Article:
Celebrities and macro-influencers are expensive. A single post can cost you hundreds of thousands of dollars, making this option out of reach for small to midsize brands.
Micro-influencers are far more affordable, and often, thanks to the high engagement they provide, offer more bang for your buck, too.
Do note, rates can vary considerably based on a number of factors like the number of followers, niche, etc.
According to research by CPC Strategy, influencers with 100k followers charge about $1,000 per post, on average. If it still sounds too steep, consider working with micro-influencers with 1,000, 5,000, 10,000 followers, who likely won’t charge quite as much.
Additionally, you might want to consider working with a few micro-influencers to cast a wider net and reach each of the personas you’re trying to reach.
Access to Super-Targeted Audiences
Think about micro-influencer marketing as being similar to your PPC ad strategy. Where small ad groups and super-specific landing pages might not reach a huge audience, you’re reaching an audience that’s more likely to convert than those part of a catch-all campaign.
According to Markerly, micro-influencers have more targeted audiences than big names with millions of followers.
The goal of influencer marketing is to reach a larger share of your target audience so that you can drive qualified traffic to your site and lock down more conversions.
As such, partnering with a celebrity influencer isn’t always your best bet.
For example, if makeup-brand partners with a celebrity to promote a product line, the brand will reach a huge audience. The problem is, the majority of that audience might not be interested in makeup.
How to Find the Right Micro-Influencers for Your Business
Before launching an influencer marketing campaign, you’ll need to figure out some goals for this strategy.
Common influencer marketing goals include the following:
- Build an audience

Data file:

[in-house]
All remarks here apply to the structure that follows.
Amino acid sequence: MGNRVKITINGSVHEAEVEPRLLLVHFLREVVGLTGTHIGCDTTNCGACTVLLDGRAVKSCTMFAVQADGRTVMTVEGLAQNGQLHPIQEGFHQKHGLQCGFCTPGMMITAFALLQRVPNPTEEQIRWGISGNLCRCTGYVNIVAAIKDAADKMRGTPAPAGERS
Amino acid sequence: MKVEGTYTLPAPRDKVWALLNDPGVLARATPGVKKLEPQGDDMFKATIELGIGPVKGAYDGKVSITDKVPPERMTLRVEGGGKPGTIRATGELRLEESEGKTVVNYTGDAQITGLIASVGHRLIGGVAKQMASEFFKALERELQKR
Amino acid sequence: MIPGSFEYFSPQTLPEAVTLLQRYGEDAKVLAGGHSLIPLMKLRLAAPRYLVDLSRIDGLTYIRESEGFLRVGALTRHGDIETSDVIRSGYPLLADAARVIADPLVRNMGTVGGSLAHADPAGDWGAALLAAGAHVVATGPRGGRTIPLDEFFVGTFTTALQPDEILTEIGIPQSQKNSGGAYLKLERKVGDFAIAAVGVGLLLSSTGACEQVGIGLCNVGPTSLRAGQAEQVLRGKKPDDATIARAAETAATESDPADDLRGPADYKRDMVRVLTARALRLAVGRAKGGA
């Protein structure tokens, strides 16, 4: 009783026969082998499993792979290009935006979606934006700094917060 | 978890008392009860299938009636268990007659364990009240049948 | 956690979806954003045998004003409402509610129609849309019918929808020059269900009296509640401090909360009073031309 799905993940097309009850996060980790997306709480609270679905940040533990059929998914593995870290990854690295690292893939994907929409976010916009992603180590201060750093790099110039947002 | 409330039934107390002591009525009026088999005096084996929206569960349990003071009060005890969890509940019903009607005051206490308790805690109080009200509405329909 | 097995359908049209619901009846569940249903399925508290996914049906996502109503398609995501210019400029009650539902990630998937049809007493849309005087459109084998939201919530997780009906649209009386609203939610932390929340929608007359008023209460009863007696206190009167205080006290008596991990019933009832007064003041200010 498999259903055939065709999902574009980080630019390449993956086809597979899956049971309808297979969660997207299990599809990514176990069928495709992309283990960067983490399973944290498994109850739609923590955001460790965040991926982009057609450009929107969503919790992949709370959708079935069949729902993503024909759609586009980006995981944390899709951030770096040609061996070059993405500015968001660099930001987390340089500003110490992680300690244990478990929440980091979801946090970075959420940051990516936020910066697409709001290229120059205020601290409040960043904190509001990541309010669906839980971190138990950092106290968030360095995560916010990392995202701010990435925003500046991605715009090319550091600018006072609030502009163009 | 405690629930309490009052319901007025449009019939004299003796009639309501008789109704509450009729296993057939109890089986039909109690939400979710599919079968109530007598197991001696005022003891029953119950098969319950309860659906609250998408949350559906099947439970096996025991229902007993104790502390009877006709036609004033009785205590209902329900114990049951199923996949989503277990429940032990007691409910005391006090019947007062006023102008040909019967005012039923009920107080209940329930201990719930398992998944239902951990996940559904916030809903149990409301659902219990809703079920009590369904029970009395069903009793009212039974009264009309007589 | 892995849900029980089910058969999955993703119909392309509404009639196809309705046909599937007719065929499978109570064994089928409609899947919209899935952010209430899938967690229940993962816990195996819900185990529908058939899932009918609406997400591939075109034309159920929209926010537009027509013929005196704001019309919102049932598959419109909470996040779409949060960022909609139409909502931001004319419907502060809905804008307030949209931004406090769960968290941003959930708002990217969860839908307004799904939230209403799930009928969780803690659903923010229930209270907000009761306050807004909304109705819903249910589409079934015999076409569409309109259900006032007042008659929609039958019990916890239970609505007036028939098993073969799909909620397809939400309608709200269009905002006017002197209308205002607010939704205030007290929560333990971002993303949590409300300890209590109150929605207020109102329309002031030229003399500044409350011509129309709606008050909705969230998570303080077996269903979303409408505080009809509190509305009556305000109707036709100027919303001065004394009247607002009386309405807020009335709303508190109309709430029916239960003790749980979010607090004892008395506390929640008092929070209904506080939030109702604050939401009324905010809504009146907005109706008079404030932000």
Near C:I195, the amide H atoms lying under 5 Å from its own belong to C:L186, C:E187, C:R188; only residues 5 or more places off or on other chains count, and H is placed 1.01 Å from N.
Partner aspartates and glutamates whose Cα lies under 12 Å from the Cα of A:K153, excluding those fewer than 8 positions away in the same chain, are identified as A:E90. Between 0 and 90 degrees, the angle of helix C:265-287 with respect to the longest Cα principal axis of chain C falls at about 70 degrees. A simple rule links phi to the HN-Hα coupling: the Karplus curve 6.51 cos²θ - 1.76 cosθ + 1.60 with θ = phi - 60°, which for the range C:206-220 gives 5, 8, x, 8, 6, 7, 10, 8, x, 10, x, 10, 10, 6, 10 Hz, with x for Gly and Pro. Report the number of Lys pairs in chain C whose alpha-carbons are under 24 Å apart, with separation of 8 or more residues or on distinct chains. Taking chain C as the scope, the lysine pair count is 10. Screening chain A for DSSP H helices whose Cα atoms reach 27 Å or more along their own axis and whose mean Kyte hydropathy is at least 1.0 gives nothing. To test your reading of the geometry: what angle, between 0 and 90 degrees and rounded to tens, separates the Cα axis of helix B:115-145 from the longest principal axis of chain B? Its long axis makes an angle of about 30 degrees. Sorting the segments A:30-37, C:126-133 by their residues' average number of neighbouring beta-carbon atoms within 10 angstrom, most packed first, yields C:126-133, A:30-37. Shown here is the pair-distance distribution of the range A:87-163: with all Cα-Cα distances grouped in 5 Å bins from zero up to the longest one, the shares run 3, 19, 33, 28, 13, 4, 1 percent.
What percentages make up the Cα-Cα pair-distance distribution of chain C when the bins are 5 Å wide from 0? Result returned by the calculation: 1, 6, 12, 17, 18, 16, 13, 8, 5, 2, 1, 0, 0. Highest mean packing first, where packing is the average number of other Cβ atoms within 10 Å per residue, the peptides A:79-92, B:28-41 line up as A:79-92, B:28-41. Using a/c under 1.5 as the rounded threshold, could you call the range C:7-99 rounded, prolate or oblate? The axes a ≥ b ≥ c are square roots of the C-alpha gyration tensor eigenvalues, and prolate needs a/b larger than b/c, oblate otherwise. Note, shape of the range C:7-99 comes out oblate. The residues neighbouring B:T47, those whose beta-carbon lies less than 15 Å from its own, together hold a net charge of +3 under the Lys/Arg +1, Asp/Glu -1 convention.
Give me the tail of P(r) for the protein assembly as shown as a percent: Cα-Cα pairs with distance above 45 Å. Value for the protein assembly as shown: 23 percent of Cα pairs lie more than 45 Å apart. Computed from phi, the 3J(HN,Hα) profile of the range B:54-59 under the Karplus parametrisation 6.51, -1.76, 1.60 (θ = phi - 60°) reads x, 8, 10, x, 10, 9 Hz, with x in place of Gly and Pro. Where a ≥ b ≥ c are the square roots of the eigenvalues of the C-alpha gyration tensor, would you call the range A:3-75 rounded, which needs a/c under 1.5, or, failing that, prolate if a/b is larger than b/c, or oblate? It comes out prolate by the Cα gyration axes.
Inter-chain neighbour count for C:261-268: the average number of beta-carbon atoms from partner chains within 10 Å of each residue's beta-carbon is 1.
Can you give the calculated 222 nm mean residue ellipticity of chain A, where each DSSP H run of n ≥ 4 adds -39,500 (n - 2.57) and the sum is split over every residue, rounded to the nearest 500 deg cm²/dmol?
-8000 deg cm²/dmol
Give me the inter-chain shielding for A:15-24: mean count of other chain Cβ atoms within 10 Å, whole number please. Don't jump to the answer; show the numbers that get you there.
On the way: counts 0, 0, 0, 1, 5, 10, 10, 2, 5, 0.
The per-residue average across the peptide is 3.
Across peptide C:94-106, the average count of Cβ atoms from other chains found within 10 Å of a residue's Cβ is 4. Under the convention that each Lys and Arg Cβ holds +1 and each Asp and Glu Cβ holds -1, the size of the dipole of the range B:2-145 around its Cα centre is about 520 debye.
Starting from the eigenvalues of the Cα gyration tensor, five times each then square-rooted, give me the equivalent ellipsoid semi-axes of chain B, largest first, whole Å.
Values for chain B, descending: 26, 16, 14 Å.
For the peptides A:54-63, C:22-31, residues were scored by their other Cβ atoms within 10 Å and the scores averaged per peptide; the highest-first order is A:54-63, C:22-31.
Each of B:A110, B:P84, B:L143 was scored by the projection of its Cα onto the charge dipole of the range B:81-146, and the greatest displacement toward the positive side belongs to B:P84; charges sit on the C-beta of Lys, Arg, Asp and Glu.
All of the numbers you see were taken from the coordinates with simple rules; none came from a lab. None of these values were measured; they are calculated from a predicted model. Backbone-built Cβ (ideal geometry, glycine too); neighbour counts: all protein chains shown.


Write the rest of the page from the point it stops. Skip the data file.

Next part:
- Increase awareness
- Generate leads
- Boost engagement
- Drive conversions
- Build links
- Improve loyalty
Once you have an idea of what you want to accomplish with your influencer marketing campaign, you’ll want to work through the following steps:
Start doing research about your target audience. Look at buying behaviors, demographics, interests, and preferences. Remember, your goal is to make sure that the micro-influencer you partner up with has a following composed of members of your target audience.
One of the best ways to find the right micro-influencers for your brand is to search for hashtags or keywords related to your brand/niche. Searching for branded hashtags will help you identify users already talking about your brand–which is a great way to find potential influencer partners for your campaign.
Dig into Your Social Analytics
Best case scenario, you already have micro-influencers following you on social media. Look at your own followers to find known-influencers that are already following you, as well as anyone in your audience that already has a sizable following.
Look at Followers & Engagement
While audience size should be taken into consideration, it’s not the most important factor when it comes to identifying potential micro-influencers to target.
Instead, look at the engagement rates that their posts receive, as well as how often they interact with their audience.
Here’s an example from fast-fashion retailer, Forever 21. The brand partnered with plus-size fashion influencer, Krystal Heredia to promote their plus-size collections.
Heredia’s body-positive Instagram account and engaged community made this partnership a smart move for the retailer.
How Do Influencers Talk about Products?
After narrowing your candidate pool, your next move is to look at how influencers talk about products. Does it come across as overly sales-y or promotional? Does #sponcon stick out when compared with organic content?
Additionally, you’ll also want to consider how this particular micro-influencer can help you reach your campaign goals. For example, if you’re trying to drive sales, look at how influencers include links to other products in their posts.
Keep in mind, authenticity is a big factor–look at whether it seems like the influencer stays true to their personal brand when promoting products or if it feels like they’re pushing products they don’t care about.
Again, followers can sniff this stuff out immediately, and working with the wrong influencers can damage your brand.
Evaluate Content Quality
After identifying some potential prospects, you’ll then want to evaluate their content to make sure that it fits your vision. Beyond the number of followers, niche, and audience, evaluate influencer content based on whether their unique voice is complementary to your brand’s unique voice.
The best influencers are masters at creating a narrative around the products they promote and building relationships with their fans.